Contractor Utilizes Drones for Pressure Washing


Commercial coatings contractor Tim Payne Painting (Chattanooga, Tennessee) was recently interviewed for the company’s adoption of drone technology.

According to reports, the drones are utilized by the company for its power washing services on commercial, government and residential structures.

About Tim Payne Painting

Over 25 years old, second-generation painter and owner Tim Payne started his commercial painting business in 1990 after graduating from the University of Tennessee at Chattanooga with a degree in finance and economics.

While the company has noted to see good times and bad over the last three decades, Payne shared with reporters that after the housing market collapsed in the 2008-2009 recession, he made the decision to move his business away from new residential coatings jobs.

Instead, he and his team shifted their focus to painting and building washing for commercial and existing residential structures. The company also shifted to work more with public sector institutions such as universities, hospitals and the military.

“We learned valuable lessons, like most businesses did, from the 2008 housing bubble and have strategically changed our business model over the years, leading to solid growth,” Payne said in an interview with the Chattanooga Times Free Press.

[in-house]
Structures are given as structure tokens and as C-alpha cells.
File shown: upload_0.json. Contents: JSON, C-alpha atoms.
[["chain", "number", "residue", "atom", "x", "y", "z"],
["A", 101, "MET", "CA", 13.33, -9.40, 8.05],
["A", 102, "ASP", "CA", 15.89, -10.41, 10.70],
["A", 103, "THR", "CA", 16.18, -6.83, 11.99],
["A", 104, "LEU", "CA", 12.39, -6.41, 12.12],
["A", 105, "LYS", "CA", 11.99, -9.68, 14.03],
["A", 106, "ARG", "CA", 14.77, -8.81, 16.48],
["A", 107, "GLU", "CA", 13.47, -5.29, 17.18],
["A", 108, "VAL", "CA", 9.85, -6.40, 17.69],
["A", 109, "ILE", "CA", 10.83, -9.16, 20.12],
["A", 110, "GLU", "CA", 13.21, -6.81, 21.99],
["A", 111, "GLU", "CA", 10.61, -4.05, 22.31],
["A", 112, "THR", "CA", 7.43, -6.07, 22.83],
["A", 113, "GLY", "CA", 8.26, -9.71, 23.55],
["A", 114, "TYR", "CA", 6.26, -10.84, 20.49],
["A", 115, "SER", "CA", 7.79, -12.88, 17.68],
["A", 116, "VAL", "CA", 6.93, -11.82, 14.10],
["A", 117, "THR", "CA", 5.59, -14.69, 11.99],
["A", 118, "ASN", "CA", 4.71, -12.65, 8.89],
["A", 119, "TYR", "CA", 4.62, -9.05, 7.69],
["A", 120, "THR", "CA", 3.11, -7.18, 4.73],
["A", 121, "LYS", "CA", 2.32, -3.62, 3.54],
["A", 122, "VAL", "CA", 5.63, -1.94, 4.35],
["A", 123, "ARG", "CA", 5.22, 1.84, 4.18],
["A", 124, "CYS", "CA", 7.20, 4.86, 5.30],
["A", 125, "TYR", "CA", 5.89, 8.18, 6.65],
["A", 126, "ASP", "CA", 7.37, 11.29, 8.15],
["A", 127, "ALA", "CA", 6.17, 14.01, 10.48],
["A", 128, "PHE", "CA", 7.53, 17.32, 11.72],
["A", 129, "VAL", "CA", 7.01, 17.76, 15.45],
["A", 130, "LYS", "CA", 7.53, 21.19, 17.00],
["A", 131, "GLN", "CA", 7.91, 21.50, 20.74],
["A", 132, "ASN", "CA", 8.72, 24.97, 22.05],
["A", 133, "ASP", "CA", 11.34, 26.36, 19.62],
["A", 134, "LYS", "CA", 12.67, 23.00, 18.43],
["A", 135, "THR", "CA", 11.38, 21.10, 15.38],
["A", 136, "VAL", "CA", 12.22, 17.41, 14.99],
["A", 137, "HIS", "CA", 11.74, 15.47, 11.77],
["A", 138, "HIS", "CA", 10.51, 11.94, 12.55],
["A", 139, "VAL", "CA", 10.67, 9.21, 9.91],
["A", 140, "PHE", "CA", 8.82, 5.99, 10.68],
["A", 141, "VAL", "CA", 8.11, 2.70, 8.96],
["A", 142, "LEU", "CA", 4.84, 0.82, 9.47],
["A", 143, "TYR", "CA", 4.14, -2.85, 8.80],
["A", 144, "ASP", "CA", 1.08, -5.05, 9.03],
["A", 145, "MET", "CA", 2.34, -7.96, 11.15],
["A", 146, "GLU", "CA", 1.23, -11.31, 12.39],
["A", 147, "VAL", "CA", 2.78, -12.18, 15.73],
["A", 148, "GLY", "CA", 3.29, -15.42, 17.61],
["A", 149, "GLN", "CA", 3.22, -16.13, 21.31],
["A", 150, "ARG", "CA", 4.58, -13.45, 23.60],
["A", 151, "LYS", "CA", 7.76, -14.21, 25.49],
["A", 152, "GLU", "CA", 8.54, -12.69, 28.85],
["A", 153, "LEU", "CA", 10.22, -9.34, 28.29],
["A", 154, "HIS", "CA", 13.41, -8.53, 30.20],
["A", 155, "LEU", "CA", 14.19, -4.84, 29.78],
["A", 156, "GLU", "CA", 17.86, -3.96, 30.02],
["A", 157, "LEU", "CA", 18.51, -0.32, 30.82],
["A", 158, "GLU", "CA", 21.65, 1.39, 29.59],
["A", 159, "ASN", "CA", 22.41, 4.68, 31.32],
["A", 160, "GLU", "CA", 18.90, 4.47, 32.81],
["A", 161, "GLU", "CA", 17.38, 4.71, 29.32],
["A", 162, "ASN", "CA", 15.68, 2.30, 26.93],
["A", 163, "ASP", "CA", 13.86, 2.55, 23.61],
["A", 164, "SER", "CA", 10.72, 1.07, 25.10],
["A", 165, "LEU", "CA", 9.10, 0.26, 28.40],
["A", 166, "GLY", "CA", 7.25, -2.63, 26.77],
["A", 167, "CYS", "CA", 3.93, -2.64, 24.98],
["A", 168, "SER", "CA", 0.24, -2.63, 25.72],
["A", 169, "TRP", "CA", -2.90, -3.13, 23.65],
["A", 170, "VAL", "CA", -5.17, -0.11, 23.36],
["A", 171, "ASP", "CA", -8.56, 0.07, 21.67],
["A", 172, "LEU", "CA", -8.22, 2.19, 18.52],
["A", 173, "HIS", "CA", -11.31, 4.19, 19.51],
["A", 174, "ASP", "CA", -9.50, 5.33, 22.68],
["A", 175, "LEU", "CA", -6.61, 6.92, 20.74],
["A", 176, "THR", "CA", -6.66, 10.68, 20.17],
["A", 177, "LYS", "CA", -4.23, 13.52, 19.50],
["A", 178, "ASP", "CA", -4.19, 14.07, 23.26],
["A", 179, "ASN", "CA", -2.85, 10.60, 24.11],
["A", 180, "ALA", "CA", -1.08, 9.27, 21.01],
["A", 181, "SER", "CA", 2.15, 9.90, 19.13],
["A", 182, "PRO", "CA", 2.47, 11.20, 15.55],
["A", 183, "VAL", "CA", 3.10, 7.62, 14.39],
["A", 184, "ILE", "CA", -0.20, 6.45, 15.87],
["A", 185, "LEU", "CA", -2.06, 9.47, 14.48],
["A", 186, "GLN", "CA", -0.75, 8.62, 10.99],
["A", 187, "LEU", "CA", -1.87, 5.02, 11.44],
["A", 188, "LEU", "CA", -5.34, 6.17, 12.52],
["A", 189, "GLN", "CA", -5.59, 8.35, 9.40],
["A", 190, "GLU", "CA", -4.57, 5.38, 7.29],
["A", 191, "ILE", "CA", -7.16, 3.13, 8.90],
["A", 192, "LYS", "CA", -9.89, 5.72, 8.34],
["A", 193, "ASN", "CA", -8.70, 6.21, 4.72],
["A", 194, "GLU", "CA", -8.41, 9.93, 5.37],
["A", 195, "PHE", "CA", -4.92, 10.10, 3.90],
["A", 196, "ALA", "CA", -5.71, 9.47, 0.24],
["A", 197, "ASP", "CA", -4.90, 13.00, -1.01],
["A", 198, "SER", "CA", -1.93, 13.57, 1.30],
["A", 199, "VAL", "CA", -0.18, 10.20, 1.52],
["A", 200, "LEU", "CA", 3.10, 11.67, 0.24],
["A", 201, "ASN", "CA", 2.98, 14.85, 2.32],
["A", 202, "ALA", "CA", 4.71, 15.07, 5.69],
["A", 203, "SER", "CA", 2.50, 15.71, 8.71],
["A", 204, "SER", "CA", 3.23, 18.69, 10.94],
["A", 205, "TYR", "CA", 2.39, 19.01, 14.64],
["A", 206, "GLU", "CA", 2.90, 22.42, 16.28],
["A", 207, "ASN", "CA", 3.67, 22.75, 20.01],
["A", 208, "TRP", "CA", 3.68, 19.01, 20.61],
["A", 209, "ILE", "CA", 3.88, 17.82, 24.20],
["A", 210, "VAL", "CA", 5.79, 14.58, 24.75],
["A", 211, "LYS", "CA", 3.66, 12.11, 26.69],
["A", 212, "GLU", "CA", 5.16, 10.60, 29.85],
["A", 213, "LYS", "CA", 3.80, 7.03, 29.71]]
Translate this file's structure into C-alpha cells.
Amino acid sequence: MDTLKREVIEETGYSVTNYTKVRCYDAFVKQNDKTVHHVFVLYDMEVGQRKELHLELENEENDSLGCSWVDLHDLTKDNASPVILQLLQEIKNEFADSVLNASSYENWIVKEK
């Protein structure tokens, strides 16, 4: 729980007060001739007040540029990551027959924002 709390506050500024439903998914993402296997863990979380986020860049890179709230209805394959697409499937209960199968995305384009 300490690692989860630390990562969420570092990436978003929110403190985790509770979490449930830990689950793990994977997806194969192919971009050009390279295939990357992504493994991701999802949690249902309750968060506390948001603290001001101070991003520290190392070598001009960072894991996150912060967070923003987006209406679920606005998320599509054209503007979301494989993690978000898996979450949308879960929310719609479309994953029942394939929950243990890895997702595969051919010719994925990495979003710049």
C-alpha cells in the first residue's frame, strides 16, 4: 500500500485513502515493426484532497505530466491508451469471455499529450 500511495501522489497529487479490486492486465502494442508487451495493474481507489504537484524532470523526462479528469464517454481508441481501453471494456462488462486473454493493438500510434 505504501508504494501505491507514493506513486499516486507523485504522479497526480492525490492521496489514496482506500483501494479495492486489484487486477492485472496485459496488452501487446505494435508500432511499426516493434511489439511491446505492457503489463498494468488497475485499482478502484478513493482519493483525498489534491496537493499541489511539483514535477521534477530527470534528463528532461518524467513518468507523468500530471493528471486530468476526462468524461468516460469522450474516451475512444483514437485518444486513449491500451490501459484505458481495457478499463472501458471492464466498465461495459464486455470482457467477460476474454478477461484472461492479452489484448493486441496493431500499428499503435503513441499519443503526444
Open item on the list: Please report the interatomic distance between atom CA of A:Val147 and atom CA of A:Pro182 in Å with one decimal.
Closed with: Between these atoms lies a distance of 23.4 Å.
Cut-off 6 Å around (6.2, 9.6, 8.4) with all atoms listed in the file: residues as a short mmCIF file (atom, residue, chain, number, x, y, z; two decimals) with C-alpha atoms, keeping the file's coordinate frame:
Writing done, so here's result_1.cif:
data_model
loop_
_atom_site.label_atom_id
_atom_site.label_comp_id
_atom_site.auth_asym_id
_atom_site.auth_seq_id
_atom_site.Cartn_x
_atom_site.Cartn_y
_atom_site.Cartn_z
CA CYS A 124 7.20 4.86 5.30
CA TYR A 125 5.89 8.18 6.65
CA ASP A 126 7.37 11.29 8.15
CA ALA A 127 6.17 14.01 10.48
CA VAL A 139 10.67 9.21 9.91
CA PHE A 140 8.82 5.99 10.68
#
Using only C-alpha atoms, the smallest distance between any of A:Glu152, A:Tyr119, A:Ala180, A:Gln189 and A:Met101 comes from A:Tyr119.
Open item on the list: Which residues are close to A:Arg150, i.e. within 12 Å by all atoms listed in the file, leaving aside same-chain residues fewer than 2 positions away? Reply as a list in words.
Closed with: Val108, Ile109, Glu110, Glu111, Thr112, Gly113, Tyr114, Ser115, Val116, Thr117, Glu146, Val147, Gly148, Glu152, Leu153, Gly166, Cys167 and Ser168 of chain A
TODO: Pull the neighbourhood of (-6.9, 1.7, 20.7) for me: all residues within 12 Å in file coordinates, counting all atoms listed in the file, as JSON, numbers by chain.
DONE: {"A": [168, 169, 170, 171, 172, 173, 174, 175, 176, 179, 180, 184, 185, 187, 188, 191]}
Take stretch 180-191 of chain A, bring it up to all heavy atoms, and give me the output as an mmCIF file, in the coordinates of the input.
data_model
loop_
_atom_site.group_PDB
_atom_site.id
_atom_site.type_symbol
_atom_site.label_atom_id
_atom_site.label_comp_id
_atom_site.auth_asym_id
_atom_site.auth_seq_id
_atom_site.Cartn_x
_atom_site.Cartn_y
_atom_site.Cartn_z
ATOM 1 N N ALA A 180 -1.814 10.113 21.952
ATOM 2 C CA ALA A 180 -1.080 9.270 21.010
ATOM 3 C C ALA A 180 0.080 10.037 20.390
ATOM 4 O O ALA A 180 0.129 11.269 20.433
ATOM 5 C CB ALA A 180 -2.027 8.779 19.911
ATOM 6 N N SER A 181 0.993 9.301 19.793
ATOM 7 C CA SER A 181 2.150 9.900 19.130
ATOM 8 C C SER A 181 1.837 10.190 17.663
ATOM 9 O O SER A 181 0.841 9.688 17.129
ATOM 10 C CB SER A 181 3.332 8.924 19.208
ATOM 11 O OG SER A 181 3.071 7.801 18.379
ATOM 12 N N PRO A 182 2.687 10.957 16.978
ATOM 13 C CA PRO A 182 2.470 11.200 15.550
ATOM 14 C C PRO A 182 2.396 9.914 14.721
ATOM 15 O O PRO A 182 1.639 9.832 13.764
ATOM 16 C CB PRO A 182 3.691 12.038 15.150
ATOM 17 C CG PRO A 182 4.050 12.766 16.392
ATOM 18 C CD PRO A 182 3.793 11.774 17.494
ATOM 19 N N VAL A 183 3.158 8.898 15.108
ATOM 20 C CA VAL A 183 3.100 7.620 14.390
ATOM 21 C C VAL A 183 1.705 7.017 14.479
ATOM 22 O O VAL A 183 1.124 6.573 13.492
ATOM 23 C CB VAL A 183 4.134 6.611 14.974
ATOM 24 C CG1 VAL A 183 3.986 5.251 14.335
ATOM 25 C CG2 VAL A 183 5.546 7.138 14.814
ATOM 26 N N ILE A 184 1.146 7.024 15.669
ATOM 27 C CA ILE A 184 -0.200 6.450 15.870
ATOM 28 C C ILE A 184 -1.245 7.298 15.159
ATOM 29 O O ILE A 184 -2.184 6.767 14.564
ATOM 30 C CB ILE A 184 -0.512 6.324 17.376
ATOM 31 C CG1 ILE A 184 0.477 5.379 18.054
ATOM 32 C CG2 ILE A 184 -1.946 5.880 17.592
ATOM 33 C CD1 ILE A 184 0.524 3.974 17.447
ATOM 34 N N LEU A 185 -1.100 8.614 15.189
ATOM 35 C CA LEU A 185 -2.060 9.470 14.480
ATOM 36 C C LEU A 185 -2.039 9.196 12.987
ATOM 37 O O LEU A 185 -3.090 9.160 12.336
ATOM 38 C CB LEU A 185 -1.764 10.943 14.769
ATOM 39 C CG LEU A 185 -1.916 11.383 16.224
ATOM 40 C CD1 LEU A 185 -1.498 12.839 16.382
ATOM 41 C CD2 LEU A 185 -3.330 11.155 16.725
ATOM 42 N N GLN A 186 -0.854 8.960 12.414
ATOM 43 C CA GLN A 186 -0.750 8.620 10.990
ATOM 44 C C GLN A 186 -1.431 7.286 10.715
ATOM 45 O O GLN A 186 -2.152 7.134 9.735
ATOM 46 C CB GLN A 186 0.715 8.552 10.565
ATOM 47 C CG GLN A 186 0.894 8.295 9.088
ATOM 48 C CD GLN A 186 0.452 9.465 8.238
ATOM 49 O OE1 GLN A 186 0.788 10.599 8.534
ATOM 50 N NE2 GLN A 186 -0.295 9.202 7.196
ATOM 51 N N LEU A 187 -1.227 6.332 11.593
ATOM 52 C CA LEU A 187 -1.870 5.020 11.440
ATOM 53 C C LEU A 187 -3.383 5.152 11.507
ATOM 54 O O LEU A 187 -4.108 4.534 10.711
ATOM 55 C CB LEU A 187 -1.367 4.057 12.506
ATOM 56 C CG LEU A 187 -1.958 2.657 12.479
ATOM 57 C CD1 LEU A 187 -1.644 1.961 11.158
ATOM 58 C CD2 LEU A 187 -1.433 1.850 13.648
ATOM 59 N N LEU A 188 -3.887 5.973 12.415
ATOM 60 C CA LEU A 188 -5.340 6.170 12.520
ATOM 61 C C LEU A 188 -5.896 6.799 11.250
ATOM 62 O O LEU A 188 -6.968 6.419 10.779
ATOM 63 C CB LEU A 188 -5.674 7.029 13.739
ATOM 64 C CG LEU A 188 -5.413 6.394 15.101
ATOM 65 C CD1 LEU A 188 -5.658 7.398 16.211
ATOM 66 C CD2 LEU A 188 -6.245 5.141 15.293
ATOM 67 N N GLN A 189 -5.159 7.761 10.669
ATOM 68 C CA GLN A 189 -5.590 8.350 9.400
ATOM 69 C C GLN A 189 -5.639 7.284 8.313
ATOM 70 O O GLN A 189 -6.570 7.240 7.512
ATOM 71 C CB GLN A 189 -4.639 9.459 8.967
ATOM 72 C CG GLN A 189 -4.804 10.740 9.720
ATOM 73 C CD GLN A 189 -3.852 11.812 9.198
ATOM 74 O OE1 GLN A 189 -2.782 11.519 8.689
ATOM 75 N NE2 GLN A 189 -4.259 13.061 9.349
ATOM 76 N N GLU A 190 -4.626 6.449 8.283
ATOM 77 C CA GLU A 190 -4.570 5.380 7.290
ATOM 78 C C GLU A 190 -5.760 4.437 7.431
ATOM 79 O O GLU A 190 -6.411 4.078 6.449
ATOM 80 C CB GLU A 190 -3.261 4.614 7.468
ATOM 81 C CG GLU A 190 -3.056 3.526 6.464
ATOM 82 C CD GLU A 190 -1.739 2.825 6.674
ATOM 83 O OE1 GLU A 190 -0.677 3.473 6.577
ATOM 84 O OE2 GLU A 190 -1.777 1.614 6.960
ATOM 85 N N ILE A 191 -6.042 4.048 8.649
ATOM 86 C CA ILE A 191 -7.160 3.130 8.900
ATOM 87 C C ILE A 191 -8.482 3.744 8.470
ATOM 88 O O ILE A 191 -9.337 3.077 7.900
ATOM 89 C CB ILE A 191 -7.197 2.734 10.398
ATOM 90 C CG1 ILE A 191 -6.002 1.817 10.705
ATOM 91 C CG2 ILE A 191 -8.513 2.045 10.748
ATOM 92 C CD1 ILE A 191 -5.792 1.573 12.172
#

“While many businesses never recovered from that crisis, we were able to recover and focus on growing our commercial painting and washing services for a whole new range of clients.”

Today, the company website outlines the current services provided by Tim Payne Painting, which include:

  • Facilities Maintenance Painting;
  • Power Washing; and
  • Lucid Drone Soft Washing.

According to reports, Payne first witnessed the use of drones in the industry several years ago. Since then, he has been working alongside his wife and business partner, Shannan Payne, to incorporate the technology into their company.

Shannon reportedly joined the company officially in 2018 as the Director of Development after working in procurement for the state government. Since her involvement, Tim Payne Painting has seen more than 248% in sales increases.

“Not only is Shannan an excellent leader within our company, but she is a great salesperson, connects easily with clients and provides excellent counsel,” said Payne in a statement about his business. “She is always in my corner, and I owe her a great deal of appreciation for her contributions to our business.”